Adapted design method at Vitalo Industries

Adapted design method at Vitalo Industries

Vitalo Industries, located in Meulebeke, has more than 85 years of experience in the production of plastic and insulating parts. As one of the market leaders in their sector, they produce small and medium-sized series for various industrial sectors such as the medical, automotive and mechanical engineering industry. Their drive for innovation led to a Flanders Make membership in two of our competence clusters. In a previous research project, we had already developed an improved structural optimisation method. Together with Vitalo Industries, we have now investigated whether we could optimise this method for thermoforming, a production technique frequently used by Vitalo Industries.

Structural optimisation of a product design

When structurally optimising a product design, we first calculate the design of the mechanical structure based on parameters such as the loads/forces acting on the structure, but also its required stiffness, strength and cost. The optimisation programme that we developed in a previous project searches for the optimal placement of materials in a mechanical structure and takes into account corresponding design parameters such as thicknesses and dimensions. This multi-material topology optimisation starts from a mesh (.STL file) of the geometry of the mechanical structure and from a set of materials specified by the designer. The result is a design proposal that shows which materials are best used in which areas of the design. We have improved the existing optimisation method by allowing the possibilities and limitations of production techniques to influence the result. This enabled us to ensure that the calculated result is better aligned with the possibilities of the production technology used by Vitalo Industries.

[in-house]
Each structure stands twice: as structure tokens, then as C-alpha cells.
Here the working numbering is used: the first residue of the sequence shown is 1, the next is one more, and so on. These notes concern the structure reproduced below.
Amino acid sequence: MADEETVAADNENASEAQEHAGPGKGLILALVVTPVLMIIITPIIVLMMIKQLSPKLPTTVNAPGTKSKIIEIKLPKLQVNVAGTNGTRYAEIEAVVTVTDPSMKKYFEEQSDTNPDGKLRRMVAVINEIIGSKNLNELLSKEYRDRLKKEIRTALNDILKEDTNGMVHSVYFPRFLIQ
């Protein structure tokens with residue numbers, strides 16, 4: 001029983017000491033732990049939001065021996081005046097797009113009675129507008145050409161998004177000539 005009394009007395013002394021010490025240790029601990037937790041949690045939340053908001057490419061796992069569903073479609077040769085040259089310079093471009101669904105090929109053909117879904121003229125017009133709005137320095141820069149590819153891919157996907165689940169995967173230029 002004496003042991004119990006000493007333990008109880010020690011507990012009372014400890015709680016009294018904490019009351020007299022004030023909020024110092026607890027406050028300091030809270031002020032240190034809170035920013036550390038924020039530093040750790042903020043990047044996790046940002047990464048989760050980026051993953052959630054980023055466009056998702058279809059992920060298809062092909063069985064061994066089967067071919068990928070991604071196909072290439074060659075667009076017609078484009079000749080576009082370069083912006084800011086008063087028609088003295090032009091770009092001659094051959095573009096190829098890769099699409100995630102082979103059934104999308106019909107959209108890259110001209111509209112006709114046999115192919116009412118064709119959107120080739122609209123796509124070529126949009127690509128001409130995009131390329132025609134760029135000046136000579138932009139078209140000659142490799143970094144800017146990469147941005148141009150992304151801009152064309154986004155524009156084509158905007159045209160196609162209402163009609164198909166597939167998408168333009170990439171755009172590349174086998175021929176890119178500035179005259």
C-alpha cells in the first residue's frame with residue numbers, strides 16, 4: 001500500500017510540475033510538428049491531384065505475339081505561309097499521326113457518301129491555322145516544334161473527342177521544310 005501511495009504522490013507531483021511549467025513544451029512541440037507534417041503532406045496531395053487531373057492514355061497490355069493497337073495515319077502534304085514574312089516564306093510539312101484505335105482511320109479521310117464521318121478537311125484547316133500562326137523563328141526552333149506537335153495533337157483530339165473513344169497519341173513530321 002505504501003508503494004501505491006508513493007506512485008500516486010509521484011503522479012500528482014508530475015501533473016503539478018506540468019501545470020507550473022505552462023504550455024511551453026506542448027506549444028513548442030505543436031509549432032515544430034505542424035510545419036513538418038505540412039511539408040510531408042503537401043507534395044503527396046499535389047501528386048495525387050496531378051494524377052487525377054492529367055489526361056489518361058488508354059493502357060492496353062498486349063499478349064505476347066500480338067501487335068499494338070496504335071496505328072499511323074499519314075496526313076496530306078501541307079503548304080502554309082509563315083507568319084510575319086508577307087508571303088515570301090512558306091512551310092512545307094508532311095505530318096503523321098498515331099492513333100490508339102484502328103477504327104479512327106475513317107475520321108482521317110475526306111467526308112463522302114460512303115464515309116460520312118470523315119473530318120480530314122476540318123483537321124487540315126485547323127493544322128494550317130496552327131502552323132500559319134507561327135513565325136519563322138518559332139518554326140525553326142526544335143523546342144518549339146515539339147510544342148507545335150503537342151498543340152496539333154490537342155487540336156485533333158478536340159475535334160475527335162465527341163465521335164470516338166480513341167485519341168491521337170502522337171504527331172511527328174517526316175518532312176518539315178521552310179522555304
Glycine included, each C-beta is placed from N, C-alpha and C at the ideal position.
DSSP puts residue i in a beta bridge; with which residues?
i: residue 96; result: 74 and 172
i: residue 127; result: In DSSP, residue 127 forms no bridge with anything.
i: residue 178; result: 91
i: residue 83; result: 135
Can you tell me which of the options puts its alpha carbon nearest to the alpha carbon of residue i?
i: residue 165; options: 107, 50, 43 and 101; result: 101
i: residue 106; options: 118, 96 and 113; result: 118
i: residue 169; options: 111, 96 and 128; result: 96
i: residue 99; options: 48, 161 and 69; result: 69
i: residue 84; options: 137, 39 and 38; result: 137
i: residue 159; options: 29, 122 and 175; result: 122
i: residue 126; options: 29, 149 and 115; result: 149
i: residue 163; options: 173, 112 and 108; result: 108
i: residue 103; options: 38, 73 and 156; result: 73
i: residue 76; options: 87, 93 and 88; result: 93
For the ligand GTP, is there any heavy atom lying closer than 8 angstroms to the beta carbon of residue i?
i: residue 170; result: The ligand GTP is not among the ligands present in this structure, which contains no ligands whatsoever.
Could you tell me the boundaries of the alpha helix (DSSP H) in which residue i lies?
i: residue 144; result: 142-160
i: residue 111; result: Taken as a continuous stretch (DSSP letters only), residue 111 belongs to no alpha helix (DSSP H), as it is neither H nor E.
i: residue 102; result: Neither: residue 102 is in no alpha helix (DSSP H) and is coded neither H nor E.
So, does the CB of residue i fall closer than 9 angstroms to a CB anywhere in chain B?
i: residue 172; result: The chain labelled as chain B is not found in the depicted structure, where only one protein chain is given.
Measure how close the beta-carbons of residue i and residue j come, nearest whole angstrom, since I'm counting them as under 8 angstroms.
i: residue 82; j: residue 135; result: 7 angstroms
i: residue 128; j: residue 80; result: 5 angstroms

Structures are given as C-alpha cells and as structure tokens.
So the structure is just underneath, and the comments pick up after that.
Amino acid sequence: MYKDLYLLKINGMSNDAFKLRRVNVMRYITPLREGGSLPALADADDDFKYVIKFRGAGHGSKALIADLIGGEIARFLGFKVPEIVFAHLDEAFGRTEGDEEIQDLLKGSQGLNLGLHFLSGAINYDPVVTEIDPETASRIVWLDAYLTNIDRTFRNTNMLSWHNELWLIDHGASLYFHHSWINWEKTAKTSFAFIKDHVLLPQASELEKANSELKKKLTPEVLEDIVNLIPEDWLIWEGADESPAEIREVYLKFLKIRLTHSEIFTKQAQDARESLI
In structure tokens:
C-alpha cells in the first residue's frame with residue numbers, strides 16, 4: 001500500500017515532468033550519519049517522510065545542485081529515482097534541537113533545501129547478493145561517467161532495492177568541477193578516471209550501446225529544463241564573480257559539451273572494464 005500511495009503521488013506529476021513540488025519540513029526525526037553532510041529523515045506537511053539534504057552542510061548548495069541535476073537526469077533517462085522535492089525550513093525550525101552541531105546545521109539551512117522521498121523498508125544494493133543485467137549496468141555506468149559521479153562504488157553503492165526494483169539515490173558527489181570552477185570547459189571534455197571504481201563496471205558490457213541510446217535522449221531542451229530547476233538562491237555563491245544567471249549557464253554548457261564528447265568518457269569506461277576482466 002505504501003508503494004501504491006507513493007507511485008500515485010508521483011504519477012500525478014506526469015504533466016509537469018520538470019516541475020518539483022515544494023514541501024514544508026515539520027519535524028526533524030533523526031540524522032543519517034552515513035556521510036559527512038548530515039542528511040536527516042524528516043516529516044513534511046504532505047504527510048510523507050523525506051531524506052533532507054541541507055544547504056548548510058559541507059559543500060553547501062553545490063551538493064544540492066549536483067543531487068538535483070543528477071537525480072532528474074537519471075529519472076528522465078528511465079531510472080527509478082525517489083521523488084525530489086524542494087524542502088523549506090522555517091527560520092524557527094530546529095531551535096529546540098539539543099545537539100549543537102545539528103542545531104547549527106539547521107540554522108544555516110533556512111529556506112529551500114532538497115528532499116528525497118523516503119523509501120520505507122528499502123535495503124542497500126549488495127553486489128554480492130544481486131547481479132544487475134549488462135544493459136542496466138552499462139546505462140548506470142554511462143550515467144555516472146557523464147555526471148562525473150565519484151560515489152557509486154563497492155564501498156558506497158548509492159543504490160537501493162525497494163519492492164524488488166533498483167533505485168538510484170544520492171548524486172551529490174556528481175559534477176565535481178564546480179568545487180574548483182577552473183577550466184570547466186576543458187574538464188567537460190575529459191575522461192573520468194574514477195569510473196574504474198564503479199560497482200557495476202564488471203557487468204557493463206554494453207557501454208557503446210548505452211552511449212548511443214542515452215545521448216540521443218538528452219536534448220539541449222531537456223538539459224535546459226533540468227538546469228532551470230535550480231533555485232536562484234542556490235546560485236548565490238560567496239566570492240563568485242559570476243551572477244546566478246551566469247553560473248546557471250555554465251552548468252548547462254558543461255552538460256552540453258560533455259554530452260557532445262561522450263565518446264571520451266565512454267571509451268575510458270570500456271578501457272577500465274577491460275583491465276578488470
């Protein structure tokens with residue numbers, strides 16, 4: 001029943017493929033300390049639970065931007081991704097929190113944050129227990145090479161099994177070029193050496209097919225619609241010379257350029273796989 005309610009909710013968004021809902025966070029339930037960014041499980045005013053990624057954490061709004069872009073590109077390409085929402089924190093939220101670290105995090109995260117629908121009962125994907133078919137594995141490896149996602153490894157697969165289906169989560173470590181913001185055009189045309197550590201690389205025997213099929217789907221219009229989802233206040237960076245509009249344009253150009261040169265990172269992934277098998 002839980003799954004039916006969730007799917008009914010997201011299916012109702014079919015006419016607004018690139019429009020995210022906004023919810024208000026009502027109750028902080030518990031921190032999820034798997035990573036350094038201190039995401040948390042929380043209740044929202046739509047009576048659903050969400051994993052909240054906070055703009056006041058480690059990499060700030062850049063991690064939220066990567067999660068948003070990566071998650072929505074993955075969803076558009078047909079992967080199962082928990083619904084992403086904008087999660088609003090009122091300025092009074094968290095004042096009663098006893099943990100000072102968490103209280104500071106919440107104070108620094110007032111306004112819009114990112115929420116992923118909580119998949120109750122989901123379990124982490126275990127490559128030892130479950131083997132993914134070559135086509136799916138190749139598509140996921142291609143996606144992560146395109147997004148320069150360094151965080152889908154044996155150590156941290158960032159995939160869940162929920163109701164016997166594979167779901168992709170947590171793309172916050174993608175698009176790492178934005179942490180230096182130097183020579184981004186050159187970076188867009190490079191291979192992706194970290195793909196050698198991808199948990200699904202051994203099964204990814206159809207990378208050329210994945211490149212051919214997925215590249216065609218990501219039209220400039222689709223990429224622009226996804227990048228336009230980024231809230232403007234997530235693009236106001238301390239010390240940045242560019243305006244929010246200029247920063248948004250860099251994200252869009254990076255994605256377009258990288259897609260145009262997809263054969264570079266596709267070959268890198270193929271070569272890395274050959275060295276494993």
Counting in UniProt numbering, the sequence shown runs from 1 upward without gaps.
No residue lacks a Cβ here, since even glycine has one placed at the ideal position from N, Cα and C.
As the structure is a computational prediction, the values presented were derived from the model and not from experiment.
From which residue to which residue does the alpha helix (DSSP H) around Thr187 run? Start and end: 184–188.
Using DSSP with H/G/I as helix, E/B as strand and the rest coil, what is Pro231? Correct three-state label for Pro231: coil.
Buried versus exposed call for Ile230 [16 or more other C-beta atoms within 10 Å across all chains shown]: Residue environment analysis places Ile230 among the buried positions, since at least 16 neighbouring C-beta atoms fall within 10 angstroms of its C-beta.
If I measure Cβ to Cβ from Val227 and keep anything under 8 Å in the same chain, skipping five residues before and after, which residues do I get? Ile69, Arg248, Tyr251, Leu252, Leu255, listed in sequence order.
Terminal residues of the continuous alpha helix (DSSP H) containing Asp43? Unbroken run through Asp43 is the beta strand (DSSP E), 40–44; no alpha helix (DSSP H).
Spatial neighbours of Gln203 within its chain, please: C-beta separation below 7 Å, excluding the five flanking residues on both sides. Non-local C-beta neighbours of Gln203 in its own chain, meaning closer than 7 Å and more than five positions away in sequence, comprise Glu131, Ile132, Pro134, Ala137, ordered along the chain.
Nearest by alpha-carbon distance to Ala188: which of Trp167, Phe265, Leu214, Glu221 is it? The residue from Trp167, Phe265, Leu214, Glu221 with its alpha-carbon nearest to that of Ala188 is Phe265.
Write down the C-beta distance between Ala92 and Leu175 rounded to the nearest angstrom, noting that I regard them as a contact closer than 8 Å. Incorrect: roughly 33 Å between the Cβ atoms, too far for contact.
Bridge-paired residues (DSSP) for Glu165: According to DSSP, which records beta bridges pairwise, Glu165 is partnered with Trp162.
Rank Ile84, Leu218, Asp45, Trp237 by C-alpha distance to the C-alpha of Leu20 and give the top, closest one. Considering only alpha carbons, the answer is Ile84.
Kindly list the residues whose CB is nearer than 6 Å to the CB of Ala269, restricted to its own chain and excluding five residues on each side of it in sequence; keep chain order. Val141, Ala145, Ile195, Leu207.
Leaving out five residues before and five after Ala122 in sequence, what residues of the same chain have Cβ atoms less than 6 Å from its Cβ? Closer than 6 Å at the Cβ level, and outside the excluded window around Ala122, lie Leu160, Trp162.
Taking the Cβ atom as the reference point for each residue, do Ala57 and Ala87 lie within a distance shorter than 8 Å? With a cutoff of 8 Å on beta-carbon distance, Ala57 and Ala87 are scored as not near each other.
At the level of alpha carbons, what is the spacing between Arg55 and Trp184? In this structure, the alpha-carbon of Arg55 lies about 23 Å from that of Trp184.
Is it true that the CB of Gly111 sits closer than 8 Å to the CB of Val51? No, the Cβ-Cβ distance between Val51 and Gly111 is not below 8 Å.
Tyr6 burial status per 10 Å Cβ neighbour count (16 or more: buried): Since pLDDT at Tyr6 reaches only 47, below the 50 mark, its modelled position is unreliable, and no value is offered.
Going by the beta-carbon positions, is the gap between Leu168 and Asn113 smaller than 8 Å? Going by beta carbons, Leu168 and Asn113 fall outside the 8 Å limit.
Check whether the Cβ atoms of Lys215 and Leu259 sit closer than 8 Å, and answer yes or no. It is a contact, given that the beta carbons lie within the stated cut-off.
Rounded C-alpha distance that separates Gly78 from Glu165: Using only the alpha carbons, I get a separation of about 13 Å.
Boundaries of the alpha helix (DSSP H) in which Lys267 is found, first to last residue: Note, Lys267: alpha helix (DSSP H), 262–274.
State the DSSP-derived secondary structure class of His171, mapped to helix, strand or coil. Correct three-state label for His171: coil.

From theory to practise

A simple test set-up at Vitalo Industries should validate these simulations. Here, a wooden frame provided a representative representation of the structure in the machine or vehicle on which the thermoformed panels would rest or support. A simple load by means of weights and a measurement of the resulting deflection allowed to determine the stiffness. The results of this test set-up confirmed the above-mentioned predictions of the optimisation calculations. With these favourable test results and corresponding cost savings, Vitalo Industries was also able to convince their customer to roll out the adapted design. This also resulted for Vitalo Industries in no less than seven new orders, which – spread over the next five years – will increase the turnover of their 'thermoforming' department by 5% and will create additional jobs, both in their R&D and production department.

The collaboration between Flanders Make and Vitalo has ensured that we will design our products in a more cost-efficient way, while still meeting customer requirements. By combining Vitalo's technical knowledge with Flanders Make's project-based support, we have been able to thoroughly revise our design methodology."

Anne-Laure Lannoo - R&D Manager Vitalo Industries

Collaborations such as these demonstrate how Flanders Make can help companies to optimise their product designs, support their designers in making (critical) design choices, compare different product concepts in an efficient way and push the boundaries of a design, both technically and in terms of costs.

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Jan Stroobants, Research engineer

Jan holds a MSc degree in mechanical engineering from KU Leuven (2008). In his current position at Flanders Make as senior research engineer, he has led a research project on multi-material topology optimisation and he is active in simulation & validation in the context of lightweighting and structural optimisation and in developing tools that give designers more insight during the early design phase.